Monday, October 05, 2009

The Children's Book Pt. 1: Words

Byatt: "Thinking and writing are making connections. I once gave a reading in a university where a student said self-righteously 'You used a word I didn't know in that reading. Don't you think that was elitist of you?' I replied that if I were her I should have rushed to the dictionary in glee and delight."

"A word?!" I have an entire list from Byatt's last novel alone! I have completed Byatt's new The Children's Book finally, and will post a couple of times on it. The first is all the words that I did not know while reading, and I have looked them all up. I cannot find definitions for 3 of them! So any help that you can give would be great. :)

Btw, I found a great site, when looking for the hard to find words: OneLook. It searches many different online dictionaries, and provides links for the ones that come up with definitions. It is very low-tech, but works great. I had pictures with some of these, and will try and re-insert them at some point, as they are helpful, but I am frustrated with formatting this right now!

·       Almoner: 1 : one who distributes alms2 British : a social-service worker in a hospital
·       Archets:
·       Besom: broom 2; especially : one made of twigs
·       Blancmange: a usually sweetened and flavored dessert made from gelatinous or starchy ingredients and milk
·       Boll: the pod or capsule of a plant (as cotton)
·       Borzois: any of a breed of large dogs developed in Russia especially for pursuing wolves that have a long silky usually white coat with darker markings —called also Russian wolfhound
·       Bryony: any of a genus (Bryonia) of tendril-bearing vines of the gourd family with large leaves and red or black fruit

·       Cabochons: a gem or bead cut in convex form and highly polished but not faceted
·       Cadge: beg, sponge
·       Campion: any of various plants (genera Lychnis and Silene) of the pink family
·       Cannikin: a small can or drinking vessel
·       Chiromancer: palmistry
·       Chrysoprase: an apple-green chalcedony valued as a gem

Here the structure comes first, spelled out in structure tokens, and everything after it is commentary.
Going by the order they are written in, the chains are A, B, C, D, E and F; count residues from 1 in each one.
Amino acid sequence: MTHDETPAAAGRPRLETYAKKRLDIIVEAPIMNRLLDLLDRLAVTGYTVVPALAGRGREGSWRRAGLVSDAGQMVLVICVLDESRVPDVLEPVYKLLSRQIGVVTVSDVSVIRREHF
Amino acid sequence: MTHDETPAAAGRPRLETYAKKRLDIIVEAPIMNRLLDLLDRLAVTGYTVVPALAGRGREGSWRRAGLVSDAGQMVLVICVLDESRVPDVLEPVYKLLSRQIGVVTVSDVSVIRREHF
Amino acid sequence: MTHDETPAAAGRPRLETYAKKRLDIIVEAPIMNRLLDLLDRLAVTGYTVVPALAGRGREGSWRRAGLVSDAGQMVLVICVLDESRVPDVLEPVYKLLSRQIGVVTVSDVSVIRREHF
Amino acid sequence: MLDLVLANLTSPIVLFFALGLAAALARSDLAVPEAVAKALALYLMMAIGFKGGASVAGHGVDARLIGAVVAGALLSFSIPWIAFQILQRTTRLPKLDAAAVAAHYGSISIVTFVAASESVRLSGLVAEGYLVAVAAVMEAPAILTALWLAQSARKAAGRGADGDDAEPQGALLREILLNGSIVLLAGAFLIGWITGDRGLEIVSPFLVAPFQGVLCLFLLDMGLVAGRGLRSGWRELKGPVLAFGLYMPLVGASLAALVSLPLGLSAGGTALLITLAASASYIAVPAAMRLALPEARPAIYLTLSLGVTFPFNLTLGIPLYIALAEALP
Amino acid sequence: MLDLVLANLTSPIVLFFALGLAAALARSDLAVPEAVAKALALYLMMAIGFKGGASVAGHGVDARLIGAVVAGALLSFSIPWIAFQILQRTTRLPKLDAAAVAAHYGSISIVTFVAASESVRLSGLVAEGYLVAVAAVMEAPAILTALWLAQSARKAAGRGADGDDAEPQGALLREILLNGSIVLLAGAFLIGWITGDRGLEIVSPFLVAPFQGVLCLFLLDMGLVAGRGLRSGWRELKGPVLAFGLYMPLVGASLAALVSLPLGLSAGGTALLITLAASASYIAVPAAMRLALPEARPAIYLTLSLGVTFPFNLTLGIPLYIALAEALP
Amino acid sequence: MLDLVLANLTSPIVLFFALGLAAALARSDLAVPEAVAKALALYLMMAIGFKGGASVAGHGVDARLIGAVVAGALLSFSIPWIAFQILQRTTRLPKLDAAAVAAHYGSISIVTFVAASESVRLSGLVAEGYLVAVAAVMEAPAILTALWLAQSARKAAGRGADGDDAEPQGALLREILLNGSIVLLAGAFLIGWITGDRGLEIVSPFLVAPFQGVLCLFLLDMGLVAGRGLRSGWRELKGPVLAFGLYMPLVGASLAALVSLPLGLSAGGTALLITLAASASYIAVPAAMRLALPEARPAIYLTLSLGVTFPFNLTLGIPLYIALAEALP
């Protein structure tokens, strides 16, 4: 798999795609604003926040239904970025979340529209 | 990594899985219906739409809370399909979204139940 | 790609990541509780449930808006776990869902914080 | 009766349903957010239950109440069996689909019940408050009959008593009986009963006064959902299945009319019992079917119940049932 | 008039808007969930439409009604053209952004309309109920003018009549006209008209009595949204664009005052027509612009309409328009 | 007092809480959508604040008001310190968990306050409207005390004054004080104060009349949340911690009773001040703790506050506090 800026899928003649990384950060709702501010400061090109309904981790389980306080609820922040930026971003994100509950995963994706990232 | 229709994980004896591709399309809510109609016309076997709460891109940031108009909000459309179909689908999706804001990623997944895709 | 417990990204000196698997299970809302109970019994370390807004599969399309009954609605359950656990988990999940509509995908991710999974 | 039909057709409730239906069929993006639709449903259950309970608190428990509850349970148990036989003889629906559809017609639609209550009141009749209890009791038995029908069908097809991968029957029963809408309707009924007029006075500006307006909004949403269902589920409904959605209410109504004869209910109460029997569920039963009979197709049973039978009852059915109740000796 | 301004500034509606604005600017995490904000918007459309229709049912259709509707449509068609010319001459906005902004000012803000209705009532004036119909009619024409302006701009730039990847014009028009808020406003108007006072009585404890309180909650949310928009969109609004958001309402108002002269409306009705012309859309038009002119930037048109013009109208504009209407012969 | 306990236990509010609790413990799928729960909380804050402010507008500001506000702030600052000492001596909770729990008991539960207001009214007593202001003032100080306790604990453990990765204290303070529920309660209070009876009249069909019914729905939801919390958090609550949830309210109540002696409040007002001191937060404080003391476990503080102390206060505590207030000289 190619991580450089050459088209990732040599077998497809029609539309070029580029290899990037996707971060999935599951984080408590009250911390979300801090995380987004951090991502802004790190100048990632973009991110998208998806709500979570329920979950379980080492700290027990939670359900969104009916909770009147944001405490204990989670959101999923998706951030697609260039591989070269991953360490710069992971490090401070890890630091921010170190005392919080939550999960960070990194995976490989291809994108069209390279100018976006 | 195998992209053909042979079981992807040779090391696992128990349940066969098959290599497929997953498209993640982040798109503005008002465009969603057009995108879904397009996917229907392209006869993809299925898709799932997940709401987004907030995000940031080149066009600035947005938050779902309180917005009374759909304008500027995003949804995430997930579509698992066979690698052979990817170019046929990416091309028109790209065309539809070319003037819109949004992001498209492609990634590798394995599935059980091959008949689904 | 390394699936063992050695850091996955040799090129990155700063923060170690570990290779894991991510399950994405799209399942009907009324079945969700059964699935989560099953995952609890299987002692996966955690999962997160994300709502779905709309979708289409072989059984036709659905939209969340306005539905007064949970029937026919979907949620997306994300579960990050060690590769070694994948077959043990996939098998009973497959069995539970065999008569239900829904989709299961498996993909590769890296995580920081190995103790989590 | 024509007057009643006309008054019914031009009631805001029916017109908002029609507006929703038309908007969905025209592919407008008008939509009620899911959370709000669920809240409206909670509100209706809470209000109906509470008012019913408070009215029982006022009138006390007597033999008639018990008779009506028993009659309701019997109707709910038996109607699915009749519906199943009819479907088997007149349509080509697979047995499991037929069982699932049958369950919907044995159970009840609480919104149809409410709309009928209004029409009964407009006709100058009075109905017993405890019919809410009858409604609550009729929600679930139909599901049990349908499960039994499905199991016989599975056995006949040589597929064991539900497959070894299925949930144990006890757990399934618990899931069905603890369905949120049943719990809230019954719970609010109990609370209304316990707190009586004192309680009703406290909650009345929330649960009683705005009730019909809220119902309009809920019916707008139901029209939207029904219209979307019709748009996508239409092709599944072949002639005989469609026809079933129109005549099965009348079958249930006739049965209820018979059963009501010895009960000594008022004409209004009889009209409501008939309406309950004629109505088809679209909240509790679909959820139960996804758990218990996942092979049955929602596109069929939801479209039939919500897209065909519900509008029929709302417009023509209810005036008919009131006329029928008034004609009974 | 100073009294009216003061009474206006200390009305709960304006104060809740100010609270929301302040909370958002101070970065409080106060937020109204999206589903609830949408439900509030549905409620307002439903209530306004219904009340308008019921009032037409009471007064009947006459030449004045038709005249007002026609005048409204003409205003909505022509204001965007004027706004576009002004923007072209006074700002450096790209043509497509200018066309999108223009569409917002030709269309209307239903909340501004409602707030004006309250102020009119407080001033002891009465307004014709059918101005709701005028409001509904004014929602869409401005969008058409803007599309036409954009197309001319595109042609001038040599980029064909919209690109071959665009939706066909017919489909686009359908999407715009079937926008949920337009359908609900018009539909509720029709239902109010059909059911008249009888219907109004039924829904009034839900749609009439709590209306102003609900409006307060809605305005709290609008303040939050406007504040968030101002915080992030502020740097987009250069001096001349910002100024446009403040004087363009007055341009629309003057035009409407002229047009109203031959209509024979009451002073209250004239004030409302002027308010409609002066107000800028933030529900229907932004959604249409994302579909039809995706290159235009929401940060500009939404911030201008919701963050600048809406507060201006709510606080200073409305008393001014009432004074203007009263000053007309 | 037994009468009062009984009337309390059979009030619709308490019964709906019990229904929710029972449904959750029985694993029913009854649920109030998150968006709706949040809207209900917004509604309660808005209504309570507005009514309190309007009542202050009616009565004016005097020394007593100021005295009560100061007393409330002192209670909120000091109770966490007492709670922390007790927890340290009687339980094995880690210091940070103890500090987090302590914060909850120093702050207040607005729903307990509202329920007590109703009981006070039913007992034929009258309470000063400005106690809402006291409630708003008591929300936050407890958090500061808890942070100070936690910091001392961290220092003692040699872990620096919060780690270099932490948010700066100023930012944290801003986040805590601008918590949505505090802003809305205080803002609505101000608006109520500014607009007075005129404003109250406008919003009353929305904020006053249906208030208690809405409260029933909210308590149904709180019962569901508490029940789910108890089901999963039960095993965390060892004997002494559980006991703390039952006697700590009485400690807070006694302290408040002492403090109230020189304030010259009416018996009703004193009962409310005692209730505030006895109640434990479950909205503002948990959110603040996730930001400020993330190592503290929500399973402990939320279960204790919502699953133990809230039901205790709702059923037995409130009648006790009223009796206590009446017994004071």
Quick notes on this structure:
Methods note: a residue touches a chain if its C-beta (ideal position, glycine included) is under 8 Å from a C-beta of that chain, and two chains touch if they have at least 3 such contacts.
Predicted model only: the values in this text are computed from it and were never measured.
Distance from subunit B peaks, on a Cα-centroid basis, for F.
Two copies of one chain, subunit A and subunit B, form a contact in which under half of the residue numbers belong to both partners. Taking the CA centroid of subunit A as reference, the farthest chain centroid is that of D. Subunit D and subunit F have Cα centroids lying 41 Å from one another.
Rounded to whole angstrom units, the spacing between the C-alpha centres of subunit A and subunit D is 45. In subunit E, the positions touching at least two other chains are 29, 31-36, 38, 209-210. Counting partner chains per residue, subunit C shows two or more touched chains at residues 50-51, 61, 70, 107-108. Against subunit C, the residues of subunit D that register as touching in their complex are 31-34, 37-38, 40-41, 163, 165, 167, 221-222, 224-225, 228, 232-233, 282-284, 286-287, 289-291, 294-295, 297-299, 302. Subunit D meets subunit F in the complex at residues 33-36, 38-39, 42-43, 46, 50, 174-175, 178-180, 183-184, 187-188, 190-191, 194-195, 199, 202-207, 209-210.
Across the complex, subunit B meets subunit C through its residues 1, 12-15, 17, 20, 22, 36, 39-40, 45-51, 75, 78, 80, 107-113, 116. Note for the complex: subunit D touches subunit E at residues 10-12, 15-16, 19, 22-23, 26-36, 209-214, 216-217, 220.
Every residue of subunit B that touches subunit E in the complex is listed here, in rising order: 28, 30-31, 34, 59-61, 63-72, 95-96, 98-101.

·       Cissy: British variant of sissy
·       Coeval: of the same or equal age, antiquity, or duration
·       Coppicing: to cut back so as to regrow in the form of a coppice (1 : a thicket, grove, or growth of small trees2 : forest originating mainly from shoots or root suckers rather than seed)
·       Cortege: 1 : a train of attendants : retinue2 : procession; especially : a funeral procession
·       Dado: 1 a : the part of a pedestal of a column above the base b : the lower part of an interior wall when specially decorated or faced; also : the decoration adorning this part of a wall2 : a rectangular groove cut to make a joint in woodworking; specifically : one cut across the grain
·       Damascene: to ornament (as iron or steel) with wavy patterns like those of watered silk or with inlaid work of precious metals
·       Douceur: a conciliatory gift
·       Dowsing: to use a divining rod
·       Durbars: 1 : court held by an Indian prince2 : a formal reception held by an Indian prince or an African ruler
·       Efts: newt; especially : the terrestrial phase of a predominantly aquatic newt
·       Engobe: liquid clay slips of varying compositions which are applied to the surface of a clay object, e.g. a pot. The purpose of the engobe can be as different as the varied forms it comes in: to give color to a piece; to improve the surface texture; to provide a ground to do further decoration on; to add textures.
·       Exigent: 1 : requiring immediate aid or action 2 : requiring or calling for much : demanding
·       Faience: earthenware decorated with opaque colored glazes

·       Fakir: 1: a Muslim mendicant : dervish b : an itinerant Hindu ascetic or wonder-worker2: impostor; especially : swindler
·       Fly-agaric: a medium to large poisonous amanita mushroom (Amanita muscaria) with a usually bright red cap

·       Fly: A fly was a horse-drawn public coach or delivery wagon, especially one let out for hire. In Britain, the term also referred to a light covered vehicle, such as a single-horse pleasure carriage or a hansom cab.
·       Frit: 1 : the calcined or partly fused materials of which glass is made2 : any of various chemically complex glasses used ground especially to introduce soluble or unstable ingredients into glazes or enamels